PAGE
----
Keywords: Persistence, multifractality, Stage, Streamflow, Correlation, Scale

How to cite: Santhoshkhan, S., Madhu, A., Bahuleyan, M., and Rajesh, S. M.: Analysing the multifractality and cross correlations of river stage records using detrended fluctuation principles, EGU General Assembly 2024, Vienna, Austria, 14–19 Apr 2024, EGU24-11058, https://doi.org/10.5194/egusphere-egu24-11058, 2024.

11:15–11:25
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EGU24-9251
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NP3.3
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ECS
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Virtual presentation
Akshay Pachore and Renji Remesan

Flash droughts, characterized by a rapid decline in soil moisture, are short-term drying events that can cause significant damage to crops when they occur during the growing season. Understanding the spatial and temporal evolution properties of flash droughts is crucial for the effective mitigation and management of this extreme event. The present study employed the complex network theory to assess the spatio-temporal properties of the flash drought which was quantified using the soil moisture percentile drop (SMPD) based definition during the period from 1981 to 2020 over the entire Indian region. An event synchronization (ES)-based complex network is constructed and the spatial propagation of the flash droughts is analyzed using the unidirectional and directed complex networks-based metrics i.e., strength, direction, and distance. Initial results gave insights into how the flash drought hotspots are connected in space and their temporal evolution pattern. From the result of the distance metrics, it was observed that flash drought propagates for longer distances in the central-eastern and southern peninsular regions as compared to the rest of the regions over India. Inference gained from the present analysis can be useful for building an early warning system for flash drought in terms of onset and spatial propagation along with insights on the spatially connected flash drought vulnerable regions.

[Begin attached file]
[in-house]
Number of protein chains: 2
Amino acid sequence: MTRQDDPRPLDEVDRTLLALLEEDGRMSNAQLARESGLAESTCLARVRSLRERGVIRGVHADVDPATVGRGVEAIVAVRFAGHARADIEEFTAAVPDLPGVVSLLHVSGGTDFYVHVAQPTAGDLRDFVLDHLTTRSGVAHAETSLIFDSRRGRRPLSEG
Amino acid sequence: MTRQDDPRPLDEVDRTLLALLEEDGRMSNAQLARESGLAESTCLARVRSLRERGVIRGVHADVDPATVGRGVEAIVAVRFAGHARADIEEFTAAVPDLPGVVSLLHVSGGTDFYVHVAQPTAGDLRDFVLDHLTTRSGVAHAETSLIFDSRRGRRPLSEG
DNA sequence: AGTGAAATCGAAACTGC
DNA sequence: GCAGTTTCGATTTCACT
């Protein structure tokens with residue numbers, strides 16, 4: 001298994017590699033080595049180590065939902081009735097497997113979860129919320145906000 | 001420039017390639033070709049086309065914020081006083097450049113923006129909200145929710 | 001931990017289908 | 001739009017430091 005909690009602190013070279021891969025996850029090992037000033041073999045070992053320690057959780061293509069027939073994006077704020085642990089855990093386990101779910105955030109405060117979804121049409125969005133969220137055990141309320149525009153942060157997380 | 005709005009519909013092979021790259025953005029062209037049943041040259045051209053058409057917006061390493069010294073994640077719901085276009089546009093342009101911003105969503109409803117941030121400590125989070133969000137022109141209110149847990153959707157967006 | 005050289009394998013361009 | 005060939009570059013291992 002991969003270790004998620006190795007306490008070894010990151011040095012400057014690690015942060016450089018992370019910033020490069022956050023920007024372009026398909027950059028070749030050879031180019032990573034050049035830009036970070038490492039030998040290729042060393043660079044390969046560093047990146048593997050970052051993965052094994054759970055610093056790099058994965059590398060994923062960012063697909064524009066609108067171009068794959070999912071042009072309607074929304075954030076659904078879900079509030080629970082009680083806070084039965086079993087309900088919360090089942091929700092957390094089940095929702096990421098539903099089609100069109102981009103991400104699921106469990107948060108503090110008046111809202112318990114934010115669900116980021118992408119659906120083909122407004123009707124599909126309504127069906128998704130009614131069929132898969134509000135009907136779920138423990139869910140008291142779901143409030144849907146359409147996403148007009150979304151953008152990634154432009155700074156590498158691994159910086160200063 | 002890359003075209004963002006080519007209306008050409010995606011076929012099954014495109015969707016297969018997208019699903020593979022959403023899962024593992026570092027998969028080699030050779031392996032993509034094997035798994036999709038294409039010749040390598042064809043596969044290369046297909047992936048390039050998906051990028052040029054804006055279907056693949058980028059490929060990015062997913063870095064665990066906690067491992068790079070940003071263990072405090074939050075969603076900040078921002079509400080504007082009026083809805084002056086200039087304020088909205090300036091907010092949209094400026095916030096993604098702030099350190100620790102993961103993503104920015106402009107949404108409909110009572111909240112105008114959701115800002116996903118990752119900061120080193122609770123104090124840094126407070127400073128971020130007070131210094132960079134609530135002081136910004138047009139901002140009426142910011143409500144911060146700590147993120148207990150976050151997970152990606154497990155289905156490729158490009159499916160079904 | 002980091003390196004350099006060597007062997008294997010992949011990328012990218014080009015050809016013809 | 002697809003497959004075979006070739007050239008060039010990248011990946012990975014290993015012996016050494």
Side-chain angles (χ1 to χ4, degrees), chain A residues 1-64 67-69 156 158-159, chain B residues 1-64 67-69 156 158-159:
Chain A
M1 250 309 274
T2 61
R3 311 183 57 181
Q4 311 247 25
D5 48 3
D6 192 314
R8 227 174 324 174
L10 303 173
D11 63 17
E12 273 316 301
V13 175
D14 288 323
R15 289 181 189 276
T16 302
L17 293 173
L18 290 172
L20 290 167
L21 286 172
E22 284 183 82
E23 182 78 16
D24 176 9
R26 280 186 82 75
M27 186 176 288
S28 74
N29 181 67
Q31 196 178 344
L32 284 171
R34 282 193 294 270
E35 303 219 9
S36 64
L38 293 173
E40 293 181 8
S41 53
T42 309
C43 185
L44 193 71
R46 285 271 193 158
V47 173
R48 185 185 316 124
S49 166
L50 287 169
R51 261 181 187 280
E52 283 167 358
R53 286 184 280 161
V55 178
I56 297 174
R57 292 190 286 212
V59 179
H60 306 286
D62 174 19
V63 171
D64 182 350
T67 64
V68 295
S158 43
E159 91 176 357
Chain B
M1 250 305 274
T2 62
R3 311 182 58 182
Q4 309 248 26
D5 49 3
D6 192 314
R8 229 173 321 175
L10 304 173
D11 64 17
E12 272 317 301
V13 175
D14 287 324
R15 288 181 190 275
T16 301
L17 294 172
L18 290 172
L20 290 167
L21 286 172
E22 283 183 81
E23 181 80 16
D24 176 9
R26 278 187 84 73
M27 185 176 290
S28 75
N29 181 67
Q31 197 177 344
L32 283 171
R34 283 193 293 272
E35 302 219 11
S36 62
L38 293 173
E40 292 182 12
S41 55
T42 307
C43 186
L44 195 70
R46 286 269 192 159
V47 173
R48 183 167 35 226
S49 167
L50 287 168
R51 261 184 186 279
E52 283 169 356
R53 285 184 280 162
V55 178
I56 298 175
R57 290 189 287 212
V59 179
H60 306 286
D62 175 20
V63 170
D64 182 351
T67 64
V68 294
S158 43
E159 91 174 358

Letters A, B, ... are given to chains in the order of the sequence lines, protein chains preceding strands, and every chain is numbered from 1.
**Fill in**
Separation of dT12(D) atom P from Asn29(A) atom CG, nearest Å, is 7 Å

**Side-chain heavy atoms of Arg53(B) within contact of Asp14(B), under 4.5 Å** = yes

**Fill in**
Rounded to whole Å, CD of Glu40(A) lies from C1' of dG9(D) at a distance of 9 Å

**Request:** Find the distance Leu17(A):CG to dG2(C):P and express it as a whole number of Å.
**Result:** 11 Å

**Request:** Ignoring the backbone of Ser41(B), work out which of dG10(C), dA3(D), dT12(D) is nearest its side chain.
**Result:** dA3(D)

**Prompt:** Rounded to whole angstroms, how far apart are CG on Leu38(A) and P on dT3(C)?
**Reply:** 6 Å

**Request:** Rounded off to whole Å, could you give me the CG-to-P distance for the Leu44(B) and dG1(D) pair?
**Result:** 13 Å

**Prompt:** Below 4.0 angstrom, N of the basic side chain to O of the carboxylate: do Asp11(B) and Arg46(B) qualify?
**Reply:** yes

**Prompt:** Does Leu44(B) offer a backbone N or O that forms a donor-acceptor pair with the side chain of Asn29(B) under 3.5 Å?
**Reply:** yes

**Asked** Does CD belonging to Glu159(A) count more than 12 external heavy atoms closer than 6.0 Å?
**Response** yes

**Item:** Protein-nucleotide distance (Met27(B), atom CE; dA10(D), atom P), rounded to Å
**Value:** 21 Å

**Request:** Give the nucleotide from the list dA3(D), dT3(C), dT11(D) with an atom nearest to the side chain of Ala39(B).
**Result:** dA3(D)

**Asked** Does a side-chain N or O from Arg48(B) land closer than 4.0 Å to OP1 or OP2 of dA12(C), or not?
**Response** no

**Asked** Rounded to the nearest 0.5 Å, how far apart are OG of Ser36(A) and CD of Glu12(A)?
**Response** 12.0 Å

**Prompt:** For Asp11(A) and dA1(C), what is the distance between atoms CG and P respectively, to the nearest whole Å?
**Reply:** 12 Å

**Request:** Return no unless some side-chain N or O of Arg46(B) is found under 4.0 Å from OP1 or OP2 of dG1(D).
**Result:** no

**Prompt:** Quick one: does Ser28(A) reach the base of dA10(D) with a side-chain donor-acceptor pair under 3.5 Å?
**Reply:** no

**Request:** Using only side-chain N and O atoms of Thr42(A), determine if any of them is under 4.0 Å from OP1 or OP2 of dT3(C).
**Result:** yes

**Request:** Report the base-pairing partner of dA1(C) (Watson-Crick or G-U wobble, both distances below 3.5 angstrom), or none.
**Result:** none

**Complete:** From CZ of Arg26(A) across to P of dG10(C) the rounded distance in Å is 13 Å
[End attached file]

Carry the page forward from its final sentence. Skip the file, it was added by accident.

How to cite: Pachore, A. and Remesan, R.: Complex network-based analysis of the spatial evolution of the flash droughts over India, EGU General Assembly 2024, Vienna, Austria, 14–19 Apr 2024, EGU24-9251, https://doi.org/10.5194/egusphere-egu24-9251, 2024.

11:25–11:35
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EGU24-16778
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NP3.3
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ECS
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On-site presentation
Caterina Gozzi, Axel Kleidon, and Antonella Buccianti

The chemistry of rivers plays a crucial role in comprehending the evolution of weathering processes, especially in the context of climate change and human activities. As weathering proceeds within river catchments, chemical concentrations tend to move towards saturation, or thermodynamic equilibrium. However, thermodynamic equilibrium is extremely difficult to achieve in an open system where matter and energy are continuously exchanged.

The speed of weathering processes and the associated probability distributions of concentrations values differ among geochemical species. We demonstrate that these differences are characterized by the rate of entropy production associated with the mixing of groundwater enriched with weathering products with the less saturated river water.